Global, regional, and country estimates of metabolic syndrome burden in children and adolescents in 2020: a systematic review and modelling analysis

Jean Jacques Noubiap, Jobert Richie Nansseu, Eric Lontchi-Yimagou, Jan René Nkeck, Ulrich Flore Nyaga, Anderson T. Ngouo, Dahlia Noelle Tounouga, Franck Leonel Tianyi, Audrey Joyce Foka, Aude Laetitia Ndoadoumgue, Jean Joel Bigna

Research output: Contribution to journalArticlepeer-review

10 Scopus citations


Background: Halting the rise in cardiometabolic risk factors in children and adolescents is crucial to curb the global burden of cardiovascular diseases. We aim to provide global, regional, and national estimates of the prevalence of metabolic syndrome in children and adolescents to support the development of evidence-based prevention strategies. Methods: In this systematic review with modelling analysis, we searched PubMed, Embase, Africa Journal Online, and Global Index Medicus from database inception to Jan 30, 2021, with no restriction on language or geographical location. We included community-based and school-based cross-sectional studies and cross-sectional analysis of cohort studies that reported prevalence of metabolic syndrome in the general population of children (6–12 years) and adolescents (13–18 years). Only studies with a low risk of bias were considered. Eligible studies included at least 200 participants and used probabilistic-based sampling. Diagnosis of metabolic syndrome had to meet at least three of the following criteria: high systolic or diastolic blood pressure (≥90th percentile for age, sex, and height); waist circumference in at least the 90th percentile for age, sex, and ethnic group; fasting plasma glucose 5·6 mmol/L or greater; fasting plasma triglycerides 1·24 mmol/L or greater; and fasting plasma high density lipoprotein cholesterol 1·03 mmol/L or less. Independent investigators selected eligible studies and extracted relevant data. The primary outcome was a crude estimate of metabolic syndrome prevalence, assessed using a Bayesian hierarchical model. Findings: Our search yielded 6808 items, of which 169 studies were eligible for analysis, including 306 prevalence datapoints, with 550 405 children and adolescents from 44 countries in 13 regions. The between-study variance (τ2) was 0·52 (95% CI 0·42–0·67), which could reflect the measurement of each component of the metabolic syndrome and covariates as sources of between-study heterogeneity. We estimated the global prevalence of metabolic syndrome in 2020 at 2·8% (95% uncertainty interval [UI] 1·4–6·7) for children and 4·8% (2·9–8·5) for adolescents, equating to around 25·8 (12·6–61·0) million children and 35·5 (21·3–63·0) million adolescents living with metabolic syndrome. In children, the prevalence of metabolic syndrome was 2·2% (95% UI 1·4–3·6) in high-income countries, 3·1% (2·5–4·3) in upper-middle-income countries, 2·6% (0·9–8·3) in lower-middle-income countries, and 3·5% (1·0–8·0) in low-income countries. In adolescents, the prevalence of metabolic syndrome was 5·5% (4·1–8·4) in high-income countries, 3·9% (3·1–5·4) in upper-middle-income countries, 4·5% (2·6–8·4) in lower-middle-income countries, and 7·0% (2·4–15·7) in low-income countries. Prevalence in children varied from 1·4% (0·6–3·1) in northwestern Europe to 8·2% (6·9–10·1) in Central Latin America. Prevalence for adolescents ranged from 2·9% (95% UI 2·6–3·3) in east Asia to 6·7% (5·9–8·3) in high-income English-speaking countries. The three countries with the highest prevalence estimates in children were Nicaragua (5·2%, 2·8–10·4), Iran (8·8%, 8·0–9·6), and Mexico (12·3%, 11·0–13·7); and the three countries with the highest prevalence estimates in adolescents were Iran (9·0%, 8·4–9·7), United Arab Emirates (9·8%, 8·5–10·3), and Spain (9·9%, 9·1–10·8). Interpretation: In 2020, about 3% of children and 5% of adolescents had metabolic syndrome, with some variation across countries and regions. The prevalence of metabolic syndrome was not consistently higher with increasing level of development, suggesting that the problem is not mainly driven by country wealth. The high number of children and adolescents living with metabolic syndrome globally highlights the urgent need for multisectoral interventions to reduce the global burden of metabolic syndrome and the conditions that lead to it, including childhood overweight and obesity. Funding: None.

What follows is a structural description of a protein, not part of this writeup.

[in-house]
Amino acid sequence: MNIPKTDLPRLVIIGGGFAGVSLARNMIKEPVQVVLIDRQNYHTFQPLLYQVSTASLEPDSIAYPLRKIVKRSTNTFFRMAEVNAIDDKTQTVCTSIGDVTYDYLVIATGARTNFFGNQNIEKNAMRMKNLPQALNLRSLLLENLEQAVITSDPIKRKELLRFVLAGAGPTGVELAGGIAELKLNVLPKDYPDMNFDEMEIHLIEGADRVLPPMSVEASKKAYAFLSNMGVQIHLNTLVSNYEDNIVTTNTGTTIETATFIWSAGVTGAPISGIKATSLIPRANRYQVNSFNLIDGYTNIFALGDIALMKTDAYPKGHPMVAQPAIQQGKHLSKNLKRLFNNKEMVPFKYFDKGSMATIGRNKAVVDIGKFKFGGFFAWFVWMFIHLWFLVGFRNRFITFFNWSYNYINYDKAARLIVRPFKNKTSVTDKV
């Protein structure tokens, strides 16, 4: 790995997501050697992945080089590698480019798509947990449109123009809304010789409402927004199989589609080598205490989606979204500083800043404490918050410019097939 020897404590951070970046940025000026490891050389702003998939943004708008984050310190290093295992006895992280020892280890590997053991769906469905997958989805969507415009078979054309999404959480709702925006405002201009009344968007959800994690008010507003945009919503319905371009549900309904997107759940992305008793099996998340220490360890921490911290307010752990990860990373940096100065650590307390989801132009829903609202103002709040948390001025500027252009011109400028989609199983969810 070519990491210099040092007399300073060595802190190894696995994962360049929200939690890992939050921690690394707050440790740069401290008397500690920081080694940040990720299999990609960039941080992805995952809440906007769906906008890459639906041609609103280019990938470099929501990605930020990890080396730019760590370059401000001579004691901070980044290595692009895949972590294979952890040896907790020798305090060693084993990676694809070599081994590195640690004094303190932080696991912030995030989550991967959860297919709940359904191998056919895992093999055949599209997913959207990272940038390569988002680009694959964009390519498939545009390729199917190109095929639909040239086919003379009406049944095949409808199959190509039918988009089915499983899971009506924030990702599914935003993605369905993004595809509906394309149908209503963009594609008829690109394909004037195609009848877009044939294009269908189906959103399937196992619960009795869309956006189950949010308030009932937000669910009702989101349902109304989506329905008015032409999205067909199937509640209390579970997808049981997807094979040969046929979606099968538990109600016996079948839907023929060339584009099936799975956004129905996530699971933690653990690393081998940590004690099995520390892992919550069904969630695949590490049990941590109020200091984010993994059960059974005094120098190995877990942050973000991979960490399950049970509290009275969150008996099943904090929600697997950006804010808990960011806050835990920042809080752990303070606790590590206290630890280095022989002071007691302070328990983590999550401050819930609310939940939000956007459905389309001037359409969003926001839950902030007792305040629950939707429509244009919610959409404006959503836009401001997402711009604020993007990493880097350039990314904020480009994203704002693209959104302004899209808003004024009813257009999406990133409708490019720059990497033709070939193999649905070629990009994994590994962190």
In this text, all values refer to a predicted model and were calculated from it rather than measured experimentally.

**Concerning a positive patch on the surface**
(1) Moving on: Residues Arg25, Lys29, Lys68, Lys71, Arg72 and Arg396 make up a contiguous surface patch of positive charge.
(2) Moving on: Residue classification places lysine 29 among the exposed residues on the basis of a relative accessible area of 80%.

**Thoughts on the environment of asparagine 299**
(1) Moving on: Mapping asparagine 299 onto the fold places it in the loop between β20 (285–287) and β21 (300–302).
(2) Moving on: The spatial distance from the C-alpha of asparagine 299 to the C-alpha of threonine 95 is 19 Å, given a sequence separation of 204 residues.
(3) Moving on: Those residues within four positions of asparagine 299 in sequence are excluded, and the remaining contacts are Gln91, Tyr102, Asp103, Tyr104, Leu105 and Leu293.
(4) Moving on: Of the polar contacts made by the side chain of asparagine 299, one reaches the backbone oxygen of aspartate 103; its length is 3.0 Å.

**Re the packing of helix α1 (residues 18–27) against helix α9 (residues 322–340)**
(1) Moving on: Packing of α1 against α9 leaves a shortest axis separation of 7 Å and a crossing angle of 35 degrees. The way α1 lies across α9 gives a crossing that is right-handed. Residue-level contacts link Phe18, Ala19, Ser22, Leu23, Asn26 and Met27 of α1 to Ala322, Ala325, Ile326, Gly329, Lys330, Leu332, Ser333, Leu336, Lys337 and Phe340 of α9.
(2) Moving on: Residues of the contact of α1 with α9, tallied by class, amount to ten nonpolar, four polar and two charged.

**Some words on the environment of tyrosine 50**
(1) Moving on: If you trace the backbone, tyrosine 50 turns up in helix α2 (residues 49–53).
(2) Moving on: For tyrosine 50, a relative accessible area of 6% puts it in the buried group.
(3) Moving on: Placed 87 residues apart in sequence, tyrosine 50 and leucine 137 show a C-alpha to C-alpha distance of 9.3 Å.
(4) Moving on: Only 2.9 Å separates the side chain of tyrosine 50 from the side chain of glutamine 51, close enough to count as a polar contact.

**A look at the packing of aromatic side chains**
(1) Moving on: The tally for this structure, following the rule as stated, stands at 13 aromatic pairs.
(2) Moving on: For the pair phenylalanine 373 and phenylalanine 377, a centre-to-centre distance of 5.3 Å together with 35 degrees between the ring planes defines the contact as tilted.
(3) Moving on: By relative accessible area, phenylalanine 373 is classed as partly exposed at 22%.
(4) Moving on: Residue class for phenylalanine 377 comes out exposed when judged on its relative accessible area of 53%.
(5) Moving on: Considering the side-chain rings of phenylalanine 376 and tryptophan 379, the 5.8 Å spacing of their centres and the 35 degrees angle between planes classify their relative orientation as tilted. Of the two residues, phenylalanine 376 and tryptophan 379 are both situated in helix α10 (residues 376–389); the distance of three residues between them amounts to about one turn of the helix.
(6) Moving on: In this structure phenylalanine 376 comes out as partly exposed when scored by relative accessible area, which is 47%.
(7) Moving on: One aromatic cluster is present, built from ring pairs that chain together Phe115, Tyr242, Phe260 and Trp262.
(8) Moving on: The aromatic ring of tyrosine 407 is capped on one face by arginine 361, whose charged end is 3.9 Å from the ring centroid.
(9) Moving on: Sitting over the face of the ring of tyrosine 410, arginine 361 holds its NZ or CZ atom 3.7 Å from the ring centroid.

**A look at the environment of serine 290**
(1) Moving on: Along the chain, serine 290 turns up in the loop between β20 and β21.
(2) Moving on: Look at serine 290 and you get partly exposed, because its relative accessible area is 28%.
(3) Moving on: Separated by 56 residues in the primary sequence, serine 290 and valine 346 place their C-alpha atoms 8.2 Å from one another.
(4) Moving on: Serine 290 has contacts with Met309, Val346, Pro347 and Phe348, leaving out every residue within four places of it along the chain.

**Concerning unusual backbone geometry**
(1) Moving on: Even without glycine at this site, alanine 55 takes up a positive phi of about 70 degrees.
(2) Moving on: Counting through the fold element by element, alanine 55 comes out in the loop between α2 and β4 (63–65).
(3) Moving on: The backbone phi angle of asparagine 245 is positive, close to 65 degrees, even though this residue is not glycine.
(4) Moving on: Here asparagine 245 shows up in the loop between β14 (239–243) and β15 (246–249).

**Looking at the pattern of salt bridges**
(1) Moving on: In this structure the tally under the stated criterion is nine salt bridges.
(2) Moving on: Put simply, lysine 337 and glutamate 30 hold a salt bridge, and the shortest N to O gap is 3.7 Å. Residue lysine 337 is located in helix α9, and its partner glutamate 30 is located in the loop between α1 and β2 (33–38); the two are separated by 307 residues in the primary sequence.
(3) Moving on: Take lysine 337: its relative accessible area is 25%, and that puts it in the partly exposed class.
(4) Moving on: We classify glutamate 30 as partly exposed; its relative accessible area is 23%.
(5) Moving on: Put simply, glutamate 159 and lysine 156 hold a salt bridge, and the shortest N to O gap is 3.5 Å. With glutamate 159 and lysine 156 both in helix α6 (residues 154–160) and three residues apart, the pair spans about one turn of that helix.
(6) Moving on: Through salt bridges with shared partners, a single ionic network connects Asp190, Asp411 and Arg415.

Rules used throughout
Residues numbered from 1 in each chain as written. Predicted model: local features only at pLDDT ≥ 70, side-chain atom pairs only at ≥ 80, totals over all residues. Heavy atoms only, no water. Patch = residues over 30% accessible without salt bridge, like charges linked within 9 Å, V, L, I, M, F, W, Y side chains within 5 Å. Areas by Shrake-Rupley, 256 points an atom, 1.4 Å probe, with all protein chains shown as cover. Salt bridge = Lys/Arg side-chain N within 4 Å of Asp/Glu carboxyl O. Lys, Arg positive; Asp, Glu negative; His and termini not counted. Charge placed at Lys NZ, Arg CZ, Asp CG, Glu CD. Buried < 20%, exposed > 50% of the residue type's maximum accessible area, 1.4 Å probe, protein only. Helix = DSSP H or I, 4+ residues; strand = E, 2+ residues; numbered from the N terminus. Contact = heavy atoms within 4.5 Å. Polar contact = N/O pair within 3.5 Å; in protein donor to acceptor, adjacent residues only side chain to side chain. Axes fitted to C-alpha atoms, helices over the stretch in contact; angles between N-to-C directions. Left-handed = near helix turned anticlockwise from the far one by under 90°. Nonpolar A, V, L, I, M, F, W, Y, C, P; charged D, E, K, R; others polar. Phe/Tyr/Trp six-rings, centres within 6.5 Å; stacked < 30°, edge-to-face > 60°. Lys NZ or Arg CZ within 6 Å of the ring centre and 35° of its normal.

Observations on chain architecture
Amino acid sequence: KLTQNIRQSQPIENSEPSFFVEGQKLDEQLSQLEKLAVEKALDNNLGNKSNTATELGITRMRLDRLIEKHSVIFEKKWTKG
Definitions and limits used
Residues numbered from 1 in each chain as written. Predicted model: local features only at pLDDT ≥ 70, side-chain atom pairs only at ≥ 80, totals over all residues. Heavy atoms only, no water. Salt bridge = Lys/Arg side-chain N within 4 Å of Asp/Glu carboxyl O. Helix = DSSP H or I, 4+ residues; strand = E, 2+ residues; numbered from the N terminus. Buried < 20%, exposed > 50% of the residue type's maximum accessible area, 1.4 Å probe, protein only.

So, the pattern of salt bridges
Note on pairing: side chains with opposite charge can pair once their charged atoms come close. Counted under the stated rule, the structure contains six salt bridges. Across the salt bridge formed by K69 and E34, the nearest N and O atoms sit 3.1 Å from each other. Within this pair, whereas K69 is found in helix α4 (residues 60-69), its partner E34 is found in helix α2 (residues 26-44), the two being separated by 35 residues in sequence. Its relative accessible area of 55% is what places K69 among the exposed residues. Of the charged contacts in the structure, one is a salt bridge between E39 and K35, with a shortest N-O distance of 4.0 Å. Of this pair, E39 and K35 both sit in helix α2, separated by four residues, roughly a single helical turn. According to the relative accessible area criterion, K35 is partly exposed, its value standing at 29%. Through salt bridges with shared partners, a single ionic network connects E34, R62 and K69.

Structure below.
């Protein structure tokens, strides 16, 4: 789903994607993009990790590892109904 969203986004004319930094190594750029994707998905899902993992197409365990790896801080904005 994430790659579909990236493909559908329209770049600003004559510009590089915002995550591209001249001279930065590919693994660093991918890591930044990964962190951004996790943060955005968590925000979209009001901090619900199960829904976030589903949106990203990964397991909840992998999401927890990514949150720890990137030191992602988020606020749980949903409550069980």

Original languageEnglish (US)
Pages (from-to)158-170
Number of pages13
JournalThe Lancet Child and Adolescent Health
Issue number3
StatePublished - Mar 2022

ASJC Scopus subject areas

  • Pediatrics, Perinatology, and Child Health
  • Developmental and Educational Psychology


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